North Carolina lurches toward elections with voter photo ID


Pamela Pearson knows that getting a photo ID for some people isn’t as easy as heading to the DMV.

Pearson is the North Carolina coordinator for VoteRiders, an organization with a mission to help eligible citizens get IDs they need to vote.

Getting an ID can be tough if you can’t take time off to get to the DMV, don’t have a way to get there, or can’t afford the fee to get a copy of a birth certificate, said Pearson.

“There are a lot of challenges facing people,” she said.

VoteRiders can help assemble the needed paperwork, cover costs for documents, and pay for Uber rides to the DMV, Pearson said.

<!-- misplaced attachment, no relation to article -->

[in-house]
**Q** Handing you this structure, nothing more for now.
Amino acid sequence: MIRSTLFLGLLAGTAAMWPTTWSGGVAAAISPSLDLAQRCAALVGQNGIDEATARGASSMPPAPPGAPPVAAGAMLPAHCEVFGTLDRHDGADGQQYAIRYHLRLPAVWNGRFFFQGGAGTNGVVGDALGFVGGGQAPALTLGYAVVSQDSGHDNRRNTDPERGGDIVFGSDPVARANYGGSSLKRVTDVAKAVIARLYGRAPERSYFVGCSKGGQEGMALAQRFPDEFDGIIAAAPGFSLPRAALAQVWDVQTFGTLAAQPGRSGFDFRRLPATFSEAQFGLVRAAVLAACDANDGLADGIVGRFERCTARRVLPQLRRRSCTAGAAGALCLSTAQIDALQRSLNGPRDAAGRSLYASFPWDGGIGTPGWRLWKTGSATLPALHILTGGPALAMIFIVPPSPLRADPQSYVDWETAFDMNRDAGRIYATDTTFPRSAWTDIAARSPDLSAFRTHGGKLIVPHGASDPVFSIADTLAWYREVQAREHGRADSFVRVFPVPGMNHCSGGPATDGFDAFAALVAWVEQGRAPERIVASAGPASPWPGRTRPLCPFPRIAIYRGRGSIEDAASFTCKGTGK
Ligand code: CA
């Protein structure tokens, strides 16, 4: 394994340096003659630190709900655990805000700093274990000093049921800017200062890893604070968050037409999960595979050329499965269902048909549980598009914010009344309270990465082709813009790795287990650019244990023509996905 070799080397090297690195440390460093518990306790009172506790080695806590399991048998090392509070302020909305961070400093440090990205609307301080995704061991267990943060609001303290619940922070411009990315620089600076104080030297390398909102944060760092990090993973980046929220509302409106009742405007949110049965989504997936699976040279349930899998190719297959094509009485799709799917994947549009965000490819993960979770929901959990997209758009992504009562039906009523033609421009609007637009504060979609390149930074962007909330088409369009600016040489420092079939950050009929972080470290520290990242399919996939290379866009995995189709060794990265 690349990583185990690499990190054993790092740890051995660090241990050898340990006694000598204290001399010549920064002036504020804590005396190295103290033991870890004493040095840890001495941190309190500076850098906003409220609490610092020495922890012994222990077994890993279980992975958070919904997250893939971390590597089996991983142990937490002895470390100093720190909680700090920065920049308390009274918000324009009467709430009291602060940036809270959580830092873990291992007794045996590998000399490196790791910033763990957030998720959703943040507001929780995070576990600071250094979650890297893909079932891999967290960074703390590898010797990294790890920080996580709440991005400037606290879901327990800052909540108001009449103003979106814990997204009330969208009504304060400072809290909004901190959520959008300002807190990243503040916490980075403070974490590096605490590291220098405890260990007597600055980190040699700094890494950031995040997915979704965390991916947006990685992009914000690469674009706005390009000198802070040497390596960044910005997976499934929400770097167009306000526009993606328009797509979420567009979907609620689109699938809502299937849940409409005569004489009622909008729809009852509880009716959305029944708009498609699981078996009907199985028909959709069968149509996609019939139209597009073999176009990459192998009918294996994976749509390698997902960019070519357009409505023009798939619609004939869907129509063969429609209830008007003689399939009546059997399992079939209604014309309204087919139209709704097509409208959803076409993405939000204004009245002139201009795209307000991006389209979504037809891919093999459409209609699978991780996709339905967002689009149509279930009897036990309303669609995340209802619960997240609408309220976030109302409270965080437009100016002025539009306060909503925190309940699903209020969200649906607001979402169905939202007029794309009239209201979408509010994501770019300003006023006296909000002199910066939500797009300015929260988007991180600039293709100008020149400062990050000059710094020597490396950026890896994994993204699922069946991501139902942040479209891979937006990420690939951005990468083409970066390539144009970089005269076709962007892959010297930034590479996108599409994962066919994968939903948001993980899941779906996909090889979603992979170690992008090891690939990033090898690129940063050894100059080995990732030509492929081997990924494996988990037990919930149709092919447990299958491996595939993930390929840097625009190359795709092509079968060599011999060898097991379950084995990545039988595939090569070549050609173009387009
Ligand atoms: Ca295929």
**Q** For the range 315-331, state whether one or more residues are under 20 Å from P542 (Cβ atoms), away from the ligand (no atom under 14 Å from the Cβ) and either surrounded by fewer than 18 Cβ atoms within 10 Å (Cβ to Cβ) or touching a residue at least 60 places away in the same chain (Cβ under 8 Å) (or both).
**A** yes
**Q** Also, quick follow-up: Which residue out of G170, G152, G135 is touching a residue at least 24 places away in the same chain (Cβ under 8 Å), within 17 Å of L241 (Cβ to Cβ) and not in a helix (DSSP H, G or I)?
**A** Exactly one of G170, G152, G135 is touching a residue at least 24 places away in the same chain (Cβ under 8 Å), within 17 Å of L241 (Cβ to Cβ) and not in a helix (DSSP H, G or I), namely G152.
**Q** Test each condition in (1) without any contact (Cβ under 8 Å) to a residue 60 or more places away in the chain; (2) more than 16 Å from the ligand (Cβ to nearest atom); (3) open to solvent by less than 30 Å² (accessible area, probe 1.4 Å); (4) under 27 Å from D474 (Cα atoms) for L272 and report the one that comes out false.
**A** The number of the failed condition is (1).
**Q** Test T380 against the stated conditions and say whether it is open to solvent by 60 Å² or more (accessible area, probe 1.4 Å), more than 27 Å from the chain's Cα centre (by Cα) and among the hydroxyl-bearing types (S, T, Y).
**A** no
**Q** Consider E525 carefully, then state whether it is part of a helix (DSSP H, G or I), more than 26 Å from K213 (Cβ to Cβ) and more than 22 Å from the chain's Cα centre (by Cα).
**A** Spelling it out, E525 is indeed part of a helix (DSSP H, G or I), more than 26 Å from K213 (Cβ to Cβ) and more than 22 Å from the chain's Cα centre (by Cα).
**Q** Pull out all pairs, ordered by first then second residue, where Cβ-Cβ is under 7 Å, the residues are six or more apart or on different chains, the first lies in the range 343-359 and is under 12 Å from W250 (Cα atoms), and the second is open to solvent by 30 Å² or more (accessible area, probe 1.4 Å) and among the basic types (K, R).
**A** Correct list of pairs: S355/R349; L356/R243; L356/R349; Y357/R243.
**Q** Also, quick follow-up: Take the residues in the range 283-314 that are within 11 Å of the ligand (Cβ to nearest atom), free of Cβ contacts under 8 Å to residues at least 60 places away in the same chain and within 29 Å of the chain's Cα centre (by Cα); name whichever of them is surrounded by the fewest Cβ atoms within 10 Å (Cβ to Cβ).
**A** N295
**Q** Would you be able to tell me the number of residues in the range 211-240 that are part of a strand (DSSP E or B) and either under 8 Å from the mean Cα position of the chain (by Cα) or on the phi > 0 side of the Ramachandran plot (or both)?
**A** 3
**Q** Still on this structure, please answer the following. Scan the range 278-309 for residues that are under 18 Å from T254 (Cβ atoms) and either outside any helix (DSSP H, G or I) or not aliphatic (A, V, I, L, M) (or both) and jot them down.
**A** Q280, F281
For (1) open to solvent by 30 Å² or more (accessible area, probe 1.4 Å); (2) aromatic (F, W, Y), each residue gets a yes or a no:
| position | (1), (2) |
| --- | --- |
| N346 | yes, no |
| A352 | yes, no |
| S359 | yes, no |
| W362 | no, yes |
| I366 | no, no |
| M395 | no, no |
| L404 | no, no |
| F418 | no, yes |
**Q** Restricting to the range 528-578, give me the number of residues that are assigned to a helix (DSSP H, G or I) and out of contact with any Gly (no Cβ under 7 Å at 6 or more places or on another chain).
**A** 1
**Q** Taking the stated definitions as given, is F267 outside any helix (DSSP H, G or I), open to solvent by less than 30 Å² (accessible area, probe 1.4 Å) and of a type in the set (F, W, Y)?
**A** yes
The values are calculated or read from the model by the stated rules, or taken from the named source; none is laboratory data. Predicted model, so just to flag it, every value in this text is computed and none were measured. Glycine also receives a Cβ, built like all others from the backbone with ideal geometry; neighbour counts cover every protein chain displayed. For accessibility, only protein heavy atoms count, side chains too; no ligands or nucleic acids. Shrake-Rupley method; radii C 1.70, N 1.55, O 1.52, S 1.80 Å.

For the first time since spring 2016, North Carolina voters are going to be asked for photo identification when they cast ballots in municipal elections this year. People who vote by mail will be asked to send a photocopy of their ID with their ballots.

Historically, voter turnout is lighter for municipal elections than for statewide elections. This year’s elections are something of a test run leading to 2024, when many more people will turn out to vote in presidential, congressional and legislative races.

Organizations that help people obtain ID, run voter registration drives, and work to boost voter education are getting the word out about with changes, a result of the implementation of the 2018 voter ID law. One important detail is that people without photo IDs can still vote with a provisional ballot if they fill out an extra form.

Read the full story on NC Newsline